Posts

Moving to Medium!

Ever since medium.com came, most of the people I know started to write blog posts in medium. So, I also wanted to try it out and see how it works!

My medium.com page is https://medium.com/@chrishantha/ and I already wrote one story in the last year.

I really liked the editor in Medium and I don't have to worry how my story will look when I publish it. This is the main problem I have with blogger. I have to "preview" my post to make sure it looks fine. Especially when I have code snippets. This is not really a problem of the Blogger platform. It's a problem as I use a third-party syntax highlighter.

I'm really disappointed that I didn't spend time to write more posts. My last blog post on Blogger was more than a year ago! There were many personal reasons for not writing blog posts. Anyway, now I want to start writing again and I will continue to write on Medium. I'm also planning to link my Medium stories from this blog.

Thank you for reading! :)




Benchmarking Java Locks with Counters

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These days I am analyzing some Java Flight Recordings from taken from WSO2 API Manager performance tests and I found out that main processing threads were in "BLOCKED" state in some situations.

The threads were mainly blocked due to "synchronized" methods in Java. Synchronizing the methods in a critical section of request processing causes bottlenecks and it has an impact on the throughput and overall latency.

Then I was thinking whether we could avoid synchronizing the whole method. The main problem with synchronized is that only one thread can run that critical section. When it comes to consumer/producer scenarios, we may need to give read access to data in some threads and write access to a thread to edit data exclusively. Java provides ReadWriteLock for these kinds of scenarios.

Java 8 provides another kind of lock named StampedLock. The StampedLock provides an alternative way to the standard ReadWriteLock and it also supports optimistic reads. I'm not goi…

Specifying a custom Event Settings file for Java Flight Recorder

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When you are using Java Flight Recorder (JFR), the JFR will use an event settings file to check which event types to record.

By default in JFR, there are two settings, "default" and "profile". The default setting is recommended for Continuous Recordings as it has very low overhead (typically less than 1% overhead). The profile setting has more events and useful when profiling the application.

As mentioned in my previous blog post regarding Java Flight Recorder Continuous Recordings, we use following arguments to do a Continuous Recording.

-XX:+UnlockCommercialFeatures -XX:+FlightRecorder -XX:FlightRecorderOptions=defaultrecording=true,disk=true,repository=./tmp,dumponexit=true,dumponexitpath=./


Note: According to the Oracle documentation on "java" command, we should be able to specify "settings" parameter to the -XX:FlightRecorderOptions. However, the settings parameter has no effect when used with the -XX:FlightRecorderOptions and the default set…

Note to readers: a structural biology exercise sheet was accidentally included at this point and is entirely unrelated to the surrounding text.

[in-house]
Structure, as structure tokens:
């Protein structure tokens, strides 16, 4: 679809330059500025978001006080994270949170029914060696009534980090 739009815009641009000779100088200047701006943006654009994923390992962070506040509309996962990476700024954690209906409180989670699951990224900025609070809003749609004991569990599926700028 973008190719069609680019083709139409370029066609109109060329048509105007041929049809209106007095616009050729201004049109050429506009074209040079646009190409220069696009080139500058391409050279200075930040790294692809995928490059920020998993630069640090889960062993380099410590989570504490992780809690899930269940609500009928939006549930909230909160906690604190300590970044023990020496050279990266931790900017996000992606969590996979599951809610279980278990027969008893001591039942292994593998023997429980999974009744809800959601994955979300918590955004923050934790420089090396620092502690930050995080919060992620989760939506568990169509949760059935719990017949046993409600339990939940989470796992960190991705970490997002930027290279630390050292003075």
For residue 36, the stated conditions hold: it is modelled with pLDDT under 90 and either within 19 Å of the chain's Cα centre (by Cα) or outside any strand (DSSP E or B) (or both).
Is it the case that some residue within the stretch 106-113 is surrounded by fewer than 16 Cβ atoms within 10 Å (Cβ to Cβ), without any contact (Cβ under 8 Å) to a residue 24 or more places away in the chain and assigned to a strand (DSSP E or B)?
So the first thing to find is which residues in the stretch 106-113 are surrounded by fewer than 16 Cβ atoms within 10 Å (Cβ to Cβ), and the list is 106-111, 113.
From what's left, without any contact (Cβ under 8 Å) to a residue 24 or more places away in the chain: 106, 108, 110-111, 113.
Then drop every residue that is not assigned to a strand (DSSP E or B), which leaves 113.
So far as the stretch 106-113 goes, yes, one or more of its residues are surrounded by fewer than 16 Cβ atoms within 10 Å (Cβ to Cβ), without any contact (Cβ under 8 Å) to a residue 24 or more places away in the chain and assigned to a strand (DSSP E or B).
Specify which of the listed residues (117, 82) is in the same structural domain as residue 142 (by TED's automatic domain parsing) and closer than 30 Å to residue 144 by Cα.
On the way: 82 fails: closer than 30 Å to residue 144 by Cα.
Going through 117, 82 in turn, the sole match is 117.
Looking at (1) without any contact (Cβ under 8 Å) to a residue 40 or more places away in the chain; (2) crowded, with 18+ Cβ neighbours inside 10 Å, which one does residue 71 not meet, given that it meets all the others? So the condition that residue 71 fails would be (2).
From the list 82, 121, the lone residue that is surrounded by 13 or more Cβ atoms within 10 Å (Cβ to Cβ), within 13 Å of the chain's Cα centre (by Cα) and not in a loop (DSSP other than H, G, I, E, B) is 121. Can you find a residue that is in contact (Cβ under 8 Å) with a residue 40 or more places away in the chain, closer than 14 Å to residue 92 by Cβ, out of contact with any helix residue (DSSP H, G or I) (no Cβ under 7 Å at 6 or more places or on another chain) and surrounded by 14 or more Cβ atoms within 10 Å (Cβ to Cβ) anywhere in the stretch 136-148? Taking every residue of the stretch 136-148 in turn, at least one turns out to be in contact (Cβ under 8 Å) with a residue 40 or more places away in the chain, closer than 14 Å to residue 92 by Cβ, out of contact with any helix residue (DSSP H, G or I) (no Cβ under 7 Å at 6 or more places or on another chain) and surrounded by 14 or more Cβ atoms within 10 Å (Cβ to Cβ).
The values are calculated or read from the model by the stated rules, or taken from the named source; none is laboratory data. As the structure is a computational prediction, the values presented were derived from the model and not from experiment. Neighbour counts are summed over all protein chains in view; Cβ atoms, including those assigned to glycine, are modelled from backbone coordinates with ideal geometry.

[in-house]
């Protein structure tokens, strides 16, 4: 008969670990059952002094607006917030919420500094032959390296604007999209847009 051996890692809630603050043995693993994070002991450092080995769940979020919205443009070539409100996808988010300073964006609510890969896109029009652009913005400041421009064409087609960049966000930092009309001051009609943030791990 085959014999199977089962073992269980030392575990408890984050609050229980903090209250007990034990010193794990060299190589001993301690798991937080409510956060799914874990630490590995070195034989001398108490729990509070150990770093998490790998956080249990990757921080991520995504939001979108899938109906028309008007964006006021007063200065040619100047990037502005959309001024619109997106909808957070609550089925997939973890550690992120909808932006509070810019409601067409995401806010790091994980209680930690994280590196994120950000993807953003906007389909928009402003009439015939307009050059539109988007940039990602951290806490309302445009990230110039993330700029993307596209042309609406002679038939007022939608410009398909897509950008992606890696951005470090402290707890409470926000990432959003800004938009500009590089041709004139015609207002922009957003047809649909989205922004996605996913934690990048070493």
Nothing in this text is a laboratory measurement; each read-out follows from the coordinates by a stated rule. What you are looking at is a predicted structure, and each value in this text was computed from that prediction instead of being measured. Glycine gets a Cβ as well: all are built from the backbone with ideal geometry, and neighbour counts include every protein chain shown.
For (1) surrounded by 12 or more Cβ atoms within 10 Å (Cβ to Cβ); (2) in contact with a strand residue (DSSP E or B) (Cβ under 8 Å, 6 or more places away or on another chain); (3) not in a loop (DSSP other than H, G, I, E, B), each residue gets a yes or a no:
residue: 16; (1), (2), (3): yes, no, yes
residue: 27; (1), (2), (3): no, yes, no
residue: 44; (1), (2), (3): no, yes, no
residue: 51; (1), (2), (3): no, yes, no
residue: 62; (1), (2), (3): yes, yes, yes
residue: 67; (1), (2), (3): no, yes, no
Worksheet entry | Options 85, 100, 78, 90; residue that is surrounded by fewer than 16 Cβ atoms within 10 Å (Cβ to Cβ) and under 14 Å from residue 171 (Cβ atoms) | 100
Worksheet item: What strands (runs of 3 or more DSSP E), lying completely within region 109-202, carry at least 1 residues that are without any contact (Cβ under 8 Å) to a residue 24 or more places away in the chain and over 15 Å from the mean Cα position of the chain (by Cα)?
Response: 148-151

Running Java in a Script

Recently I wanted to invoke a JMX operation in a WSO2 server from a script. I was first thinking of writing a simple Java class with a main method and run it as an executable jar file.

Then I found that we can run a script with the command "jrunscript".

I also found an example of interacting with a JMX MBean from Javascript. However this example didn't work with Java 8.

The reason is that from Java 8, the JavaScript Engine for the JVM is Oracle Nashorn. In Java 7, the JavaScript Engine is based on Mozilla Rhino.

Let's see the difference:

Following script works with Java 7, but not with Java 8


packages = new JavaImporter(java.lang, java.lang.reflect); with (packages) { // create Java String array of 5 elements var a = Array.newInstance(String, 5); // Accessing elements and length access is by usual Java syntax a[0] = "scripting is great!"; print(a.length); print('\n'); print(a[0]); print('\n'); }

Following is the…

Java Mixed-Mode Flame Graphs

Recently, I wrote a blog post on "Java CPU Flame Graphs". That blog post shows how to use Linux perf_events to generate Java Mixed-Mode Flame Graphs.

With Java Profilers, we can get information about Java process only. However with Java Mixed-Mode Flame Graphs, we can see how much CPU time is spent in Java methods, system libraries and the kernel. Mixed-mode means that the Flame Graph shows profile information from both system code paths and Java code paths.

This is sometimes very important to identify performance issues. For more information, see Java in Flames and New JVM Option Enables Generation of Mixed-Mode Flame Graphs

In this blog post, I'm using a sample high cpu consuming Java Program with Java 8 Update 60.

$ mvn -version Apache Maven 3.3.3 (7994120775791599e205a5524ec3e0dfe41d4a06; 2015-04-22T17:27:37+05:30) Maven home: /usr/local/apache-maven/apache-maven-3.3.3 Java version: 1.8.0_60, vendor: Oracle Corporation Java home: /usr/lib/jvm/jdk1.8.0_60/jre Default l…